• McClellan T.  Big Jumps.  Training & Cond.  Vol 3 2007.
  • McMillian DJ, Moore JH, Hatler BS, Taylor DC.  Dynamic vs. Static-Stretching Warm-up:  The Effect on Power and Agility Performance.  J of Strength & Cond.  20(3): 492-499; 2006.
  • Myer GD, Paterno MV, Hewett TE.  Back in the Game.  Rehab Management.  Oct. 2004.
  • NSCA Certification Commision.  Essentials of Strength Training and Conditioning. 2005.
  • Pitney WA, Bunton EE.  The Integrated Dynamic Exercise Advancement System
  • Technique for Progressing Functional Closed Kinetic Chain Rehabilitation Programs.  J of Athletic Training.  Vol 29 (4): 297-300; 1994.


5 essential components for developing agility

Are you quick?  I’m not talking 100 meter dash time.  I’m talking “5-10-5” time.  That person who fears nobody 1 on 1, and who nobody wants to defend.  You create separation on offense and close the gap on defense.  Do you want to be that athlete (or develop that athlete)?  He are 5 essential components you must include in your training program if you wish to develop your agility.

*Addendum: This blog was written with the intention of these being ideas for someone who has no major imbalances/deficits/asymmetries needing correction – I.E. they have a good functional movement and mobility assessment with solid movement patterns.


1) Core Stability

Amazing agility takes great control of your center of gravity.  You have to be able to resist motion and momentum in order to change direction quickly.  Core stability is the foundation for deceleration (which is the foundation for change of direction).   For the following exercises, I like to aim for 30 reps in a set done well before increasing difficulty.  As you improve, you can increase speed of movements with the side plank and bridge (as long as your trunk is stable).  Here are some things I use:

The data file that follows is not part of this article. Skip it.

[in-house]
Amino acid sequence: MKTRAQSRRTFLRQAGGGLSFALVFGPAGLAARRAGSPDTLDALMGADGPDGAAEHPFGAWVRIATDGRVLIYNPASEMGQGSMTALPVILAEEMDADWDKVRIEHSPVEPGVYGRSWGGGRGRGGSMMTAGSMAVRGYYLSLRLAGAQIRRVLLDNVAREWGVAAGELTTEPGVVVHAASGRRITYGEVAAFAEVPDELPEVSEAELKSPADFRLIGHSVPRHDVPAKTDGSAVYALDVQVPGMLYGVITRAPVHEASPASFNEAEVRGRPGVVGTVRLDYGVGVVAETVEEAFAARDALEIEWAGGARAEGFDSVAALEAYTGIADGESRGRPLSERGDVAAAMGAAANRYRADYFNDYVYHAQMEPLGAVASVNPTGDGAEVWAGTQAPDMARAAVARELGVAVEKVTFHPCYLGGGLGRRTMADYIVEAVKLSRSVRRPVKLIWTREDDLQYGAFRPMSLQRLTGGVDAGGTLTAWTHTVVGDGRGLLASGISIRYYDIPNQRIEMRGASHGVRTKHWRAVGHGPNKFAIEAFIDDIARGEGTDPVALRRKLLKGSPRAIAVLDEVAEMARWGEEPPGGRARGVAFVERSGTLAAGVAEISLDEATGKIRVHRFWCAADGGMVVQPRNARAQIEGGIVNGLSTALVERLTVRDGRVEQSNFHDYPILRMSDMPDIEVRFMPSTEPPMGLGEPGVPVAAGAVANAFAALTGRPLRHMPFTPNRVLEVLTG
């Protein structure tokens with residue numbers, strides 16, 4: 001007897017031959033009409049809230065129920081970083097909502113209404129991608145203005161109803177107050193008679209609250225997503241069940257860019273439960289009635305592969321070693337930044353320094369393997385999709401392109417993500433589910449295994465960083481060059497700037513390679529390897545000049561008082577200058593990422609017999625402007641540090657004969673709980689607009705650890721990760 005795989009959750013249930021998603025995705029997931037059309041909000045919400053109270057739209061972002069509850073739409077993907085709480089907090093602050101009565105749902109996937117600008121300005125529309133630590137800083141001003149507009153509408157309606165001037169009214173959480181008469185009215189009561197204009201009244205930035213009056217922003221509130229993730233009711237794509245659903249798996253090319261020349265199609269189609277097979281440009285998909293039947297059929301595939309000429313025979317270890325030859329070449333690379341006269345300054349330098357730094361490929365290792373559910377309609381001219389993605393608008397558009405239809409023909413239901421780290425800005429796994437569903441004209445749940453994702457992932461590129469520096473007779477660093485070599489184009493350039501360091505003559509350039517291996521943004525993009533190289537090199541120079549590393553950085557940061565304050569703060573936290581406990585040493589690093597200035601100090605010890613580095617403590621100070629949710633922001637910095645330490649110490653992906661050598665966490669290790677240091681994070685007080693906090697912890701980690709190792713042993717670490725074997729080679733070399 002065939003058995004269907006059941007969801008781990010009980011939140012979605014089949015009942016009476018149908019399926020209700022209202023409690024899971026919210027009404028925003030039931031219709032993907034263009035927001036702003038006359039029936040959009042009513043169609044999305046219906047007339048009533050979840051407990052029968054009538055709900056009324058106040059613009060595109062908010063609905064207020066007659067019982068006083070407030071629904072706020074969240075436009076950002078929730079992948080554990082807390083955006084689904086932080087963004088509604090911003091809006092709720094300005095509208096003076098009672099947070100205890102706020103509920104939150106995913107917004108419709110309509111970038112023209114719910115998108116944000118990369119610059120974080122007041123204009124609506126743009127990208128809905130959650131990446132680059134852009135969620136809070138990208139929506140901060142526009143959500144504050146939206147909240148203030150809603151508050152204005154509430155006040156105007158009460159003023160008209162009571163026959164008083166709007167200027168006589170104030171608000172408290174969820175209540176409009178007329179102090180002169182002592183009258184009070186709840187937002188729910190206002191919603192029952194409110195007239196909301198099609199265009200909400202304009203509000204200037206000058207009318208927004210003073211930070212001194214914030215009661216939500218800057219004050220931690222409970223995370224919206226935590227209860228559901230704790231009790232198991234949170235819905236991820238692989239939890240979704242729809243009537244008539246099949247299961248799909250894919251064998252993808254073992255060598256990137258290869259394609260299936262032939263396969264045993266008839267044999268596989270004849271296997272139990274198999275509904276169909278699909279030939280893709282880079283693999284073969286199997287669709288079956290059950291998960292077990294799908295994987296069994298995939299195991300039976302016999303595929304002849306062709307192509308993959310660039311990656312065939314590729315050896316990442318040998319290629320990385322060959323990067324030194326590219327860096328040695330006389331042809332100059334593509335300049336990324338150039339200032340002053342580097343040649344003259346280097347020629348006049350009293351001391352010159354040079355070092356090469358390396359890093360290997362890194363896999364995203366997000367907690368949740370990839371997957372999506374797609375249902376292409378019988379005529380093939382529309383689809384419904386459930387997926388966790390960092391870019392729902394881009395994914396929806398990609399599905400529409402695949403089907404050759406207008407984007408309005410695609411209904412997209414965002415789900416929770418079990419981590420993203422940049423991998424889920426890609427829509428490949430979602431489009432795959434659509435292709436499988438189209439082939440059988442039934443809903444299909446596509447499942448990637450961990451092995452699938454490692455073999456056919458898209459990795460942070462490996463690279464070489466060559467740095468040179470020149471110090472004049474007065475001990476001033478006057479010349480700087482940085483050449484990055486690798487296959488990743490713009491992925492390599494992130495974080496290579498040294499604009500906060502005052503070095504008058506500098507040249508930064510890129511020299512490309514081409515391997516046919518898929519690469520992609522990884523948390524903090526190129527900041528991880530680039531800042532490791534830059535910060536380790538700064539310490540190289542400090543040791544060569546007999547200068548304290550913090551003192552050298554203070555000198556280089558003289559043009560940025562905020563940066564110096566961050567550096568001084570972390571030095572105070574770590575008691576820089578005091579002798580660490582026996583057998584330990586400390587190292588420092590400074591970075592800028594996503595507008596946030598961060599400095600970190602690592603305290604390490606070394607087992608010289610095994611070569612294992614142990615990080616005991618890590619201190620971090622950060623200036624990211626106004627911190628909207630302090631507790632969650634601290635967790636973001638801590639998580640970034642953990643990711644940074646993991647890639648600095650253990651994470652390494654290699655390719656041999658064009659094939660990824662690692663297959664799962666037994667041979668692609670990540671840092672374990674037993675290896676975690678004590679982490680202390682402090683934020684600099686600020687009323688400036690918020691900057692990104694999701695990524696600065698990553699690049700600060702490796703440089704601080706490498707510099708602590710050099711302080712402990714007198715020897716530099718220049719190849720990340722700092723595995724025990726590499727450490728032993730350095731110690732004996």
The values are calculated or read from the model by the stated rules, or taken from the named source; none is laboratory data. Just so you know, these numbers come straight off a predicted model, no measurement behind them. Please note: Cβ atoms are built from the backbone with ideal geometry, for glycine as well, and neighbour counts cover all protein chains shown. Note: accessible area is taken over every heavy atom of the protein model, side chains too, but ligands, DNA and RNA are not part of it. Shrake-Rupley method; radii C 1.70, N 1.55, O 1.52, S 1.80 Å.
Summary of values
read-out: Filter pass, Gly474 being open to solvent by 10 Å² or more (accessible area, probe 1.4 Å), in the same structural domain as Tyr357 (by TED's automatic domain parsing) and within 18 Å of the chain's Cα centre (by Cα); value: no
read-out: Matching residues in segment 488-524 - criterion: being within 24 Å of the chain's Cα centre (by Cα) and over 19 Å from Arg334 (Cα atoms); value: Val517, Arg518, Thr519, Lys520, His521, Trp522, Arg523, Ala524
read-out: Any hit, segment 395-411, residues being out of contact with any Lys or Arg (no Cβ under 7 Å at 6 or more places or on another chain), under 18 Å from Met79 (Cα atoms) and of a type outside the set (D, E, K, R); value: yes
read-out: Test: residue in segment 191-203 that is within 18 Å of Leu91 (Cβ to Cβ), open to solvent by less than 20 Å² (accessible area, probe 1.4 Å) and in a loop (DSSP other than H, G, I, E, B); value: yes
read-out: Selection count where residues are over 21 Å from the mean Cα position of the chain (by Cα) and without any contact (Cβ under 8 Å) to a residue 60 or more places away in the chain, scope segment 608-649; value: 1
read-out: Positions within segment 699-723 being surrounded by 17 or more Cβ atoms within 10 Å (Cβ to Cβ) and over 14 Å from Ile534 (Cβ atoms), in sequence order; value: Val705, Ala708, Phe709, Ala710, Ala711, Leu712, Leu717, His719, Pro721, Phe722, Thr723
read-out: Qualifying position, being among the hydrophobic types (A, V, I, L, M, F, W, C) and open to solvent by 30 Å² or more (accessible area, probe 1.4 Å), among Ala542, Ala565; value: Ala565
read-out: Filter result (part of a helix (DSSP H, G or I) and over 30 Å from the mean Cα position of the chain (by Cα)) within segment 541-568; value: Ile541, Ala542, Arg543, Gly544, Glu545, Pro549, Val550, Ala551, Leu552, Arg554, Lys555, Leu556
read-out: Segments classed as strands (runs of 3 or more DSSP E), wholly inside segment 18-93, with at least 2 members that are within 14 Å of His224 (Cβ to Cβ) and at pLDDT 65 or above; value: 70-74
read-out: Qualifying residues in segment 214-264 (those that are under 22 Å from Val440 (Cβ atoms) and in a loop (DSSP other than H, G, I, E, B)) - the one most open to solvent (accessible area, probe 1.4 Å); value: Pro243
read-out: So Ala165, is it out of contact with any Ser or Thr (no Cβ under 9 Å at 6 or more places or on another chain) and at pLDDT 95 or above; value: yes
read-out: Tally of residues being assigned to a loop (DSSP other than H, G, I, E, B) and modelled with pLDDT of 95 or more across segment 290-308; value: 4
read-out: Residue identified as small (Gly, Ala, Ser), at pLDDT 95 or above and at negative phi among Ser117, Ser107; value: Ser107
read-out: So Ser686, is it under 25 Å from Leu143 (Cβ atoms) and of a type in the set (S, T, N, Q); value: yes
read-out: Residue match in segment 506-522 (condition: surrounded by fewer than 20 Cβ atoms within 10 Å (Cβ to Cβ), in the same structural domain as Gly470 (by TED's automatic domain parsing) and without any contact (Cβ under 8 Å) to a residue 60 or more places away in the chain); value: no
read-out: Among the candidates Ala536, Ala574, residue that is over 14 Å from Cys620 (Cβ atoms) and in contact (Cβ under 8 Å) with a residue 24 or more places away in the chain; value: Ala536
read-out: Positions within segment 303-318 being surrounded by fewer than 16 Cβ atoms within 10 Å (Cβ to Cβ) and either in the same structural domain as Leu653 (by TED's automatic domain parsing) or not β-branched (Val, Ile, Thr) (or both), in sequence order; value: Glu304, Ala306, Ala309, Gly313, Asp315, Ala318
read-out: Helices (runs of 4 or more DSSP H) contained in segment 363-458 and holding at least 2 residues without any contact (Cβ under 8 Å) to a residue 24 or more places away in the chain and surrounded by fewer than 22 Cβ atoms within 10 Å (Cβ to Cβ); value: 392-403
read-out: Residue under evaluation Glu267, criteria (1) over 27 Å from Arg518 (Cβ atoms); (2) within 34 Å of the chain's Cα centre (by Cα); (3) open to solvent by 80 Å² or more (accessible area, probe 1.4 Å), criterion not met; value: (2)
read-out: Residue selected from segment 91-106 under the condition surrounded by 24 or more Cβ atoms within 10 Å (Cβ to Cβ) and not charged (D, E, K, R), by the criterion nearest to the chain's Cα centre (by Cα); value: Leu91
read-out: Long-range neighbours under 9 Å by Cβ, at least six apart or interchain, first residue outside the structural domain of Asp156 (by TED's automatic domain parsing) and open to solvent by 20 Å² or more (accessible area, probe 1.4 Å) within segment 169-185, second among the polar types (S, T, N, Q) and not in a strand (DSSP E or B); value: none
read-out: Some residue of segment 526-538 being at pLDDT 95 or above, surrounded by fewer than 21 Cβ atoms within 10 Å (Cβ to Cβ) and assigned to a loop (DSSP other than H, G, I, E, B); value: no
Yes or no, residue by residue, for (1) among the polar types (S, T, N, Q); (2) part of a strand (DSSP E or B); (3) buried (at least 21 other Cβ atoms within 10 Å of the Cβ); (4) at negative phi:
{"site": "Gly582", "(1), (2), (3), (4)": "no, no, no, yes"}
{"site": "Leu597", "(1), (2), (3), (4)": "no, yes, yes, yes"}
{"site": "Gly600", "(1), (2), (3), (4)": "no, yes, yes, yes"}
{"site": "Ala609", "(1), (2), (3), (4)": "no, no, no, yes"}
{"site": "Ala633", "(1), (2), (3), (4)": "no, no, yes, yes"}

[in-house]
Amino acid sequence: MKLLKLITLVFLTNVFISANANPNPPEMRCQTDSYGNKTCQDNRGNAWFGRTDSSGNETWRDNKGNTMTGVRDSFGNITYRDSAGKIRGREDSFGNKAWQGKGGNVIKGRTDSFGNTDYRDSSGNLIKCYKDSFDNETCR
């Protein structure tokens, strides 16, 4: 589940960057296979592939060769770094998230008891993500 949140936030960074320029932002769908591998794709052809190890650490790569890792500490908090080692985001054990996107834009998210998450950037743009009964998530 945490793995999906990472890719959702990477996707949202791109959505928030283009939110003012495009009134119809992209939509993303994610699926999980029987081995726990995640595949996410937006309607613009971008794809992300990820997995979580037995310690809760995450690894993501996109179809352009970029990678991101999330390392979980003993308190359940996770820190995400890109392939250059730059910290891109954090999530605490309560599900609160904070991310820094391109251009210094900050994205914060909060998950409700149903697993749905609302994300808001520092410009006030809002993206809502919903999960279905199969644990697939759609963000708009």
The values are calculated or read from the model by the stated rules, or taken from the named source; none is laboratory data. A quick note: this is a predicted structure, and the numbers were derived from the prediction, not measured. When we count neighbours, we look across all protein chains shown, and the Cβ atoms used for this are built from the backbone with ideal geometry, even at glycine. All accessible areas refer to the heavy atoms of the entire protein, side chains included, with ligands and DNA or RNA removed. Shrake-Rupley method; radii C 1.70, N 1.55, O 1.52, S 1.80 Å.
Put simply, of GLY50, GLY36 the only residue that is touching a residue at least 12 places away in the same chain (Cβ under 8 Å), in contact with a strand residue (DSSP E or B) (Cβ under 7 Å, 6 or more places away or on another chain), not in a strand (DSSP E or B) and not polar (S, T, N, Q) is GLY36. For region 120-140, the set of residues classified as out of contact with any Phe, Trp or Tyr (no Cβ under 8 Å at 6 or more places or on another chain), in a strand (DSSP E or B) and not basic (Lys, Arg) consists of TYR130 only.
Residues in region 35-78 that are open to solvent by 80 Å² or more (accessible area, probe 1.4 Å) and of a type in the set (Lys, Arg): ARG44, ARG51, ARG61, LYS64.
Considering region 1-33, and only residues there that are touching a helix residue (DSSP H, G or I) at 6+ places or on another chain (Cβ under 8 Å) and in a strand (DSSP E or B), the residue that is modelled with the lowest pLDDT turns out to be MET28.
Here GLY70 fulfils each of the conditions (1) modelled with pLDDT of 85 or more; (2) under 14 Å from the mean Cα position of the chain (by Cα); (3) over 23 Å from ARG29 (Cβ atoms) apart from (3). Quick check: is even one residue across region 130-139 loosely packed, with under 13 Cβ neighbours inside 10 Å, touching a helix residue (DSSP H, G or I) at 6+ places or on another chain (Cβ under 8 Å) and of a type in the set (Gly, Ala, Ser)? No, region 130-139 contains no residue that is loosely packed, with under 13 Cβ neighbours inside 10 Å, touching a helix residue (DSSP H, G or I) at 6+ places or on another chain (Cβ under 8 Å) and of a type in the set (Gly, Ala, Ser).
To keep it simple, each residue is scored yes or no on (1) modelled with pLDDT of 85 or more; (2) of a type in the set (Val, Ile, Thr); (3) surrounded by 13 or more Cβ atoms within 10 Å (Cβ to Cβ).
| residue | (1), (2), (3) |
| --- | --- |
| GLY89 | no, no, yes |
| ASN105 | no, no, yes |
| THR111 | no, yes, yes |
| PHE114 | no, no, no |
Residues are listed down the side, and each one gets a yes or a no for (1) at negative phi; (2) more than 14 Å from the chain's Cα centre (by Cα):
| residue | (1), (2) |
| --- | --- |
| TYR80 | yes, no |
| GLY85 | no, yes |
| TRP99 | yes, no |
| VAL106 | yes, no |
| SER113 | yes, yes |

• Side plank with extremity movements (1:16 mark on the video).  Get creative with your extremity movements to up challenge.
    • Bird dogs (video).  Also try these ipsilaterally!single leg bridge marching
    • Single-leg bridge with marching: Perform these slow and controlled – keep your trunk in one place while flexing one hip as in the picture.  Work up to 2 sets of 30 reps each side.  Unlike the picture, with these place your arms like you are “under arrest” (since you’ll soon be breaking the speed limit).
    • Anti-rotation exercises (video thanks to Martin Norum).  Slow and controlled is the key here.

2) Strength (Glutes, Quads, Adductors, Calves)